After the end of the Joe Lynn Turner era, did you ever think about hiring David Coverdale as a singer or even Deep Purple in the Mark III line-up - including Glenn Hughes - to reform?
"No, never! I really appreciate David as a singer, but he has developed in a completely different direction than that he can now sing again at Purple, let alone replace Ian..."
Was material used for THE BATTLE RAGES ON that was left over from other recording sessions? 'Fortuneteller' by SLAVES & MASTERS, for example, was a leftover from the PERFECT STRANGERS production...
"The riff on the title song dates back to around 1985. Back then the track was called 'D-Tune'. Otherwise we hardly used old ideas. Anyway: I can only write songs when I'm inspired by something. And then nobody can predict what will come of it. Music is like life: Both have to be fresh. I can't sit down like Elton John for me and write songs with intent! Just what I feel in the moment, is expressed in my music - straight from the heart!"
Jon Lord also once said: Our classic way of recording albums has always been to play live together and to forego individual recordings of the different instruments. Was this 'classic way' also used on the production of THE BATTLE RAGES ON?
"Mostly yes. I know that a lot of bands tend to record everything track by track - but I could never do that in such a way! A band has to play together live once - like on the stage!"
But that means that you were in contact with Ian during the production work for THE BATTLE...
Yes, even a couple of times! With 'Anya' for example: I had the riff and the melody with this Hungarian theme... I don't usually tell anyone what to sing about, especially since the lyrics are not my job anyway - Ian is great there. Hardly anyone else understands how to put two possible interpretations into the text! But in this case I said to Ian: 'It would be great if you could write lyrics adapted to this musical theme!'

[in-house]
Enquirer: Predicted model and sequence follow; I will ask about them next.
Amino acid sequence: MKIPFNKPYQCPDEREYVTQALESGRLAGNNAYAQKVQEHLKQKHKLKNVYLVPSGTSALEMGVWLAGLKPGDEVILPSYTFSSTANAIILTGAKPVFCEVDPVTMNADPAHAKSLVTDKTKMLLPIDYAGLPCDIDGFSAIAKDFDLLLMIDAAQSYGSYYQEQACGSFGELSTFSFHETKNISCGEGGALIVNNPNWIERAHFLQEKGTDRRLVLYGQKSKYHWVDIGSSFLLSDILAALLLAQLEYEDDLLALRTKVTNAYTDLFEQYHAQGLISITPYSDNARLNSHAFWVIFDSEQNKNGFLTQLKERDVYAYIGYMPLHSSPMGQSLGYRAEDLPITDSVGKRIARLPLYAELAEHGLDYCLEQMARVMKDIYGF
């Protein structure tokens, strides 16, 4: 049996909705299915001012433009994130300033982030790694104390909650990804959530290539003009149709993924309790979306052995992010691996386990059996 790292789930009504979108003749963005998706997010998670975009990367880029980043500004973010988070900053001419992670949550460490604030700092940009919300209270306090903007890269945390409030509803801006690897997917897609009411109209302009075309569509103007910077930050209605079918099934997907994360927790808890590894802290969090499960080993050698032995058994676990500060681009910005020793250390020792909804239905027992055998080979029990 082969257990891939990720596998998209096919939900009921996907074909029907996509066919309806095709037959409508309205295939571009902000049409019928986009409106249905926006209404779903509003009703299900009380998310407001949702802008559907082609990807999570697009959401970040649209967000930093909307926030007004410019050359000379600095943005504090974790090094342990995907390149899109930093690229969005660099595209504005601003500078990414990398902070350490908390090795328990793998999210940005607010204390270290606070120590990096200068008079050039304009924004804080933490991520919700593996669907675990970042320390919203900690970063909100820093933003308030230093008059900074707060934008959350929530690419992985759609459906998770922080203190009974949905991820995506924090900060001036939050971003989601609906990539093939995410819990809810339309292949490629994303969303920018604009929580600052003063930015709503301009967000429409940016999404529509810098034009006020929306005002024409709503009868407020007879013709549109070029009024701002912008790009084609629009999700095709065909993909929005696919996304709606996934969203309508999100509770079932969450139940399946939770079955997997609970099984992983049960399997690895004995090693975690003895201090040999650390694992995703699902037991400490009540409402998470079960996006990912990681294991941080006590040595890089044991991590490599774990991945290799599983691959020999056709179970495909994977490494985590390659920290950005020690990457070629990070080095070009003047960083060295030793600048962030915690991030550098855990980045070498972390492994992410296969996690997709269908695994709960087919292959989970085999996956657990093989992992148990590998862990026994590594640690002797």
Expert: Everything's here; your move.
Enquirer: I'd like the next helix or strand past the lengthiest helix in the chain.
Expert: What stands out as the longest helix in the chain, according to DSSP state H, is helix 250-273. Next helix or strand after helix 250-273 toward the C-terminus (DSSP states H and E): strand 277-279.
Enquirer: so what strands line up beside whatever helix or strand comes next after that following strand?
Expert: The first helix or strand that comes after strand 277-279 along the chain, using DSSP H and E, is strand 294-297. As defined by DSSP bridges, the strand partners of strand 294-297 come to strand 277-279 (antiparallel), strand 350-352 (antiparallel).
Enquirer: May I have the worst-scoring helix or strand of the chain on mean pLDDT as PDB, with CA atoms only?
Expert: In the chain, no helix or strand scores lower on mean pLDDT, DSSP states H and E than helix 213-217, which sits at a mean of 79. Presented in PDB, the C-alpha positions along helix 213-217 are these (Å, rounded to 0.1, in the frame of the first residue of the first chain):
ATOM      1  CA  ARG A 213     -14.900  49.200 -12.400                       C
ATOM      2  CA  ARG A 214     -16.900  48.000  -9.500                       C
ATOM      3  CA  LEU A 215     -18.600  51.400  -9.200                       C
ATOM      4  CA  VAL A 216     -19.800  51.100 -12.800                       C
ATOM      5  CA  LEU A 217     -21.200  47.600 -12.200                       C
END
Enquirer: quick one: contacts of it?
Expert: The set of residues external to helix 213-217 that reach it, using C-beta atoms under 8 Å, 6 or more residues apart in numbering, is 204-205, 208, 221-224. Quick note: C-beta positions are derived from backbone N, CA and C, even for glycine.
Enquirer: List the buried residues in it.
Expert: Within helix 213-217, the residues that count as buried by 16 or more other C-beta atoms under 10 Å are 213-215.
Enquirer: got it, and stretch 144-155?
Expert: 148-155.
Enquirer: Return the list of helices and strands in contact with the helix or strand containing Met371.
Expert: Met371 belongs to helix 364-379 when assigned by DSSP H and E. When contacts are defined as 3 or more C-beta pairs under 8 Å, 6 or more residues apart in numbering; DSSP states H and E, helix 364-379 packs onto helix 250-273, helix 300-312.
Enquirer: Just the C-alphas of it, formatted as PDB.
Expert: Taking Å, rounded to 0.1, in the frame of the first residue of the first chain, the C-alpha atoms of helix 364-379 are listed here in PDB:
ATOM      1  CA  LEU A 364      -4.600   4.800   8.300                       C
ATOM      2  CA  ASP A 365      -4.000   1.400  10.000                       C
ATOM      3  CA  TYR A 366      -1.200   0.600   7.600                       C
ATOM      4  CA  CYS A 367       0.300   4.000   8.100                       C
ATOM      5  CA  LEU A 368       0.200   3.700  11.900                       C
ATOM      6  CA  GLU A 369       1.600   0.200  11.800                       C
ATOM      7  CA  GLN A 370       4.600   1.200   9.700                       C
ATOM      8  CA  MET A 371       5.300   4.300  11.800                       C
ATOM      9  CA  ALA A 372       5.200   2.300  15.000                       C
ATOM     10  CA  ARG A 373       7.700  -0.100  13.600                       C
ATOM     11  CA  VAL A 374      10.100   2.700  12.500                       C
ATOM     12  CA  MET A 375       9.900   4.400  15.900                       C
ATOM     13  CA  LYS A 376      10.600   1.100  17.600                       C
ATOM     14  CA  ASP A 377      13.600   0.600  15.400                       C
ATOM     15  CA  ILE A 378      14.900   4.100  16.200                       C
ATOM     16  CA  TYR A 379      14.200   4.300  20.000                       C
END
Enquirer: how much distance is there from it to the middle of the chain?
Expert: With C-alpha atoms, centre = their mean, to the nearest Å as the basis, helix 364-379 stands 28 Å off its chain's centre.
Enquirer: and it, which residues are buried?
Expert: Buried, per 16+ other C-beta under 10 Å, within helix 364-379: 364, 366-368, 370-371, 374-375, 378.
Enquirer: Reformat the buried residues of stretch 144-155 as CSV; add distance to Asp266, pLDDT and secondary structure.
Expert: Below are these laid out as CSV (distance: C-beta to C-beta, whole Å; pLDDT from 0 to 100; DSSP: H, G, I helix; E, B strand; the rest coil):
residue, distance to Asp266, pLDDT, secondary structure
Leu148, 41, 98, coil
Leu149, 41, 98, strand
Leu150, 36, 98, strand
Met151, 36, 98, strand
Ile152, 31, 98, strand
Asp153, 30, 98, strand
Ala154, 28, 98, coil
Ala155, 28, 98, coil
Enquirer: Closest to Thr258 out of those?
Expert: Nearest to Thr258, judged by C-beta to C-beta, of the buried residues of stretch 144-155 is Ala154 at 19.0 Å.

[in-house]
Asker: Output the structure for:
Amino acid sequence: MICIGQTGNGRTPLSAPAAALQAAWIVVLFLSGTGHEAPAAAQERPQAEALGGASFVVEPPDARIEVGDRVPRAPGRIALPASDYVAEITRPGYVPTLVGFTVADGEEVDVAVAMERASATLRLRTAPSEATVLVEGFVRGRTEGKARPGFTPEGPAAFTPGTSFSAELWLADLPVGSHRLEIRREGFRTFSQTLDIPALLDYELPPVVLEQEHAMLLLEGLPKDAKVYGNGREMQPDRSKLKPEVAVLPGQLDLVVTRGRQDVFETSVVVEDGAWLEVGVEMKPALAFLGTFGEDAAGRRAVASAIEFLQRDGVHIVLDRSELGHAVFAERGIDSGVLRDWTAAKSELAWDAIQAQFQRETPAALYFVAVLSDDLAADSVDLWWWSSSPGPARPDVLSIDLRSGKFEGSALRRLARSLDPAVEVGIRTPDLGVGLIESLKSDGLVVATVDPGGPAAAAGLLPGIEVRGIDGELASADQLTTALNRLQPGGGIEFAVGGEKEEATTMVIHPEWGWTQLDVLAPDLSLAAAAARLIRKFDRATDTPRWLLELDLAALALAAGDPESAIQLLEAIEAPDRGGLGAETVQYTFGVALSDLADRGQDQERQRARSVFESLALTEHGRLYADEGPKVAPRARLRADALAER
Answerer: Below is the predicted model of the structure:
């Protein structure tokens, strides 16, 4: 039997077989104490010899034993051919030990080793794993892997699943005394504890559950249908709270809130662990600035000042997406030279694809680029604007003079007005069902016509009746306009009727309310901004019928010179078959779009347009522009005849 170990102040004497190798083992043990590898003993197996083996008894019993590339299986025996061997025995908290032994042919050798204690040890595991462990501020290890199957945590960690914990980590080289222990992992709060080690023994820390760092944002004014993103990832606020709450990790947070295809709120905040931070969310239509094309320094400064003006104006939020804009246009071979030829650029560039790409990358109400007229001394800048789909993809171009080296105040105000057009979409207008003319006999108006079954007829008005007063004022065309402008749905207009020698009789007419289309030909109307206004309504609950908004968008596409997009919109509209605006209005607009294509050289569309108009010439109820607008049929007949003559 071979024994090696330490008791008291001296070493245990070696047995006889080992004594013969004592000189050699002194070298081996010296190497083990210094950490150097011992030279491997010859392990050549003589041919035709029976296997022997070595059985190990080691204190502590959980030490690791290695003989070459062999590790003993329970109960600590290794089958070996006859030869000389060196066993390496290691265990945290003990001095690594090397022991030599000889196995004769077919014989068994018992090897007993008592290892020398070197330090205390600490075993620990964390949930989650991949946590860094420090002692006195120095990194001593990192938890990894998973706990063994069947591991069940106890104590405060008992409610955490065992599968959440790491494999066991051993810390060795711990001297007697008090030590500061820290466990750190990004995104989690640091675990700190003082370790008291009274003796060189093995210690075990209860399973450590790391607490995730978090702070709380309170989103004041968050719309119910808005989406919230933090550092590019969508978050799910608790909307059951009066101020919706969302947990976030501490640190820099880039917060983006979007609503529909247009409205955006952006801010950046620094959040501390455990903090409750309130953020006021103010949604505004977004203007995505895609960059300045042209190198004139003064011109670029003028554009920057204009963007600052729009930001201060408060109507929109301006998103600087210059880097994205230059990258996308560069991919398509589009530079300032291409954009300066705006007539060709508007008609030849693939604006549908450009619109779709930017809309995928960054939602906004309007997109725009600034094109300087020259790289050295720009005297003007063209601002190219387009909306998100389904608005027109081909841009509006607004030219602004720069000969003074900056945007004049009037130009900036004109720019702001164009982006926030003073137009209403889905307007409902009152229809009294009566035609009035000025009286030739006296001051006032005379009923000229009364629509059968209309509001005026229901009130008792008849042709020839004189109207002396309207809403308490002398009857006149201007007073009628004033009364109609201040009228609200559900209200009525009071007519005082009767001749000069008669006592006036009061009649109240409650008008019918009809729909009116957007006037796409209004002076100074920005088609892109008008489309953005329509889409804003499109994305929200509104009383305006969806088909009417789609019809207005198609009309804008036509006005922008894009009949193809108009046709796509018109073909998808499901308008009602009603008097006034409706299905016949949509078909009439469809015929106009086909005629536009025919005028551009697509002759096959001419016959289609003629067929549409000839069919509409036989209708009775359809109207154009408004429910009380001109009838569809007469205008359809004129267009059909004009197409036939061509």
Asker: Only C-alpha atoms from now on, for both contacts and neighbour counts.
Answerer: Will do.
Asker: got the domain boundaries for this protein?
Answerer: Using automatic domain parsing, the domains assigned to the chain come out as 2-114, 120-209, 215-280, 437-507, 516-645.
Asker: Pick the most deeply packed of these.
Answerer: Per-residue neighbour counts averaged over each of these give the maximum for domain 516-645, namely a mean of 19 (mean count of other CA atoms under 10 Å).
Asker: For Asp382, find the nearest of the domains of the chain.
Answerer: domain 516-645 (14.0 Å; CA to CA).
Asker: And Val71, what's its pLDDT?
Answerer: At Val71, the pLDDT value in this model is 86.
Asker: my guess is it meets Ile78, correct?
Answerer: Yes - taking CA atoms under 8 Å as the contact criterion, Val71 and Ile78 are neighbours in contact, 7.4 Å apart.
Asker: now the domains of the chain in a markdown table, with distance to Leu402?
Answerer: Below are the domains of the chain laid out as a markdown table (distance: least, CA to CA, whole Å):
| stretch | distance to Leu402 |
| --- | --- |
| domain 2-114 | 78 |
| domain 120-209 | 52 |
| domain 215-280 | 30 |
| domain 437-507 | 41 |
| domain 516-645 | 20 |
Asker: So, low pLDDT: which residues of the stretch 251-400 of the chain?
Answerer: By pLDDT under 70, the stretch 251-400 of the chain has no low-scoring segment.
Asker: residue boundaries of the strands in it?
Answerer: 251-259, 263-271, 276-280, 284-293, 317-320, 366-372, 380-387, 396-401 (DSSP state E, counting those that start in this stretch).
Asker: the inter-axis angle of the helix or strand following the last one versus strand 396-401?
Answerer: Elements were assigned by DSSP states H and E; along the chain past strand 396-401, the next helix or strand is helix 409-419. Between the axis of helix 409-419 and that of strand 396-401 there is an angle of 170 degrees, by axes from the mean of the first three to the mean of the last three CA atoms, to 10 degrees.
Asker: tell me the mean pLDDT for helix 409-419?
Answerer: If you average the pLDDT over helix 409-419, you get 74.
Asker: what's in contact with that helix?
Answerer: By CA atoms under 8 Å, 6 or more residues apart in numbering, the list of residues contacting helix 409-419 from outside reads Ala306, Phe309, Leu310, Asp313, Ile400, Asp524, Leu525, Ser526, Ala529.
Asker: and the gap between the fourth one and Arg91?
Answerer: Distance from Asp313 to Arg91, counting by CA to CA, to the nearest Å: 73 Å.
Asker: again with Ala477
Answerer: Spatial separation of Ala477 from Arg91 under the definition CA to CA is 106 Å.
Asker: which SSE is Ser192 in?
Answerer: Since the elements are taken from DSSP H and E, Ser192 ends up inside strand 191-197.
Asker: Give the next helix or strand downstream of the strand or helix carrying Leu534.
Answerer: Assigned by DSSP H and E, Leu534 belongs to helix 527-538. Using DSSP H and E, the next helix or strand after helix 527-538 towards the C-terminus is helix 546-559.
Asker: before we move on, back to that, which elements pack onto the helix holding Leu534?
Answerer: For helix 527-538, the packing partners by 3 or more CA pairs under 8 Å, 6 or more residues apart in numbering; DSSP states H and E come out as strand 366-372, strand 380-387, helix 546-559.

... which he obviously did. Apropos 'Anya': 'The Gypsy' on STORMBRINGER; 'Gypsy's Kiss' on PERFECT STRANGER, 'Firedance' on the Rainbow album BENT OUT OF SHAPE - and now 'Anya'...
"... all these songs have the same theme..."
Exactly: It looks like you have a special relationship with gypsies...
"Yes! Musicians also have something about Gypsies about them: They are free, very lonely when they have lost each other, always on the move..."
But back to Gillan one more time: There still seems to be tension between you and him. In your opinion, what are the reasons for this ongoing exchange of blows? And what makes it possible for you to work creatively in a band in which such personal antipathies are the order of the day?
Really just money?
"No! Ian is a very uncomfortable person with his quirks, with his whole behavior - we just don't fit together on the mental level. I know: I'm not exactly easy either - but Ian on the other hand, he's an excellent songwriter who has a lot to say. Ian is also very honest on the stage, he doesn't try to be someone else. And that's exactly what makes him a refreshing note in today's rock'n 'Roll landscape! So musically we fit together very well, because I'm just myself on stage and I'm not going to do the Steve Vai trip because of me! But as soon as Ian and I leave the stage - we don't work off stage! At no time!"
But how can a band like Deep Purple write songs at all?
"It's very simple: Even if I don't like him as a person - I respect Ian as a musician. The same applies to Ian. But this tension, this mutual respect spurs us on to creative top performances: If I give him something to work out, he doesn't want to give himself up in front of me - and vice versa, of course, I don't want to be in front of him!"
So much for the first part of this exclusive interview. More in our next issue. And this much can already be revealed: Ritchie answered all other questions openly, honestly and courteously without any restrictions...
Andreas Schöwe, Metal Hammer nr 10 - 1993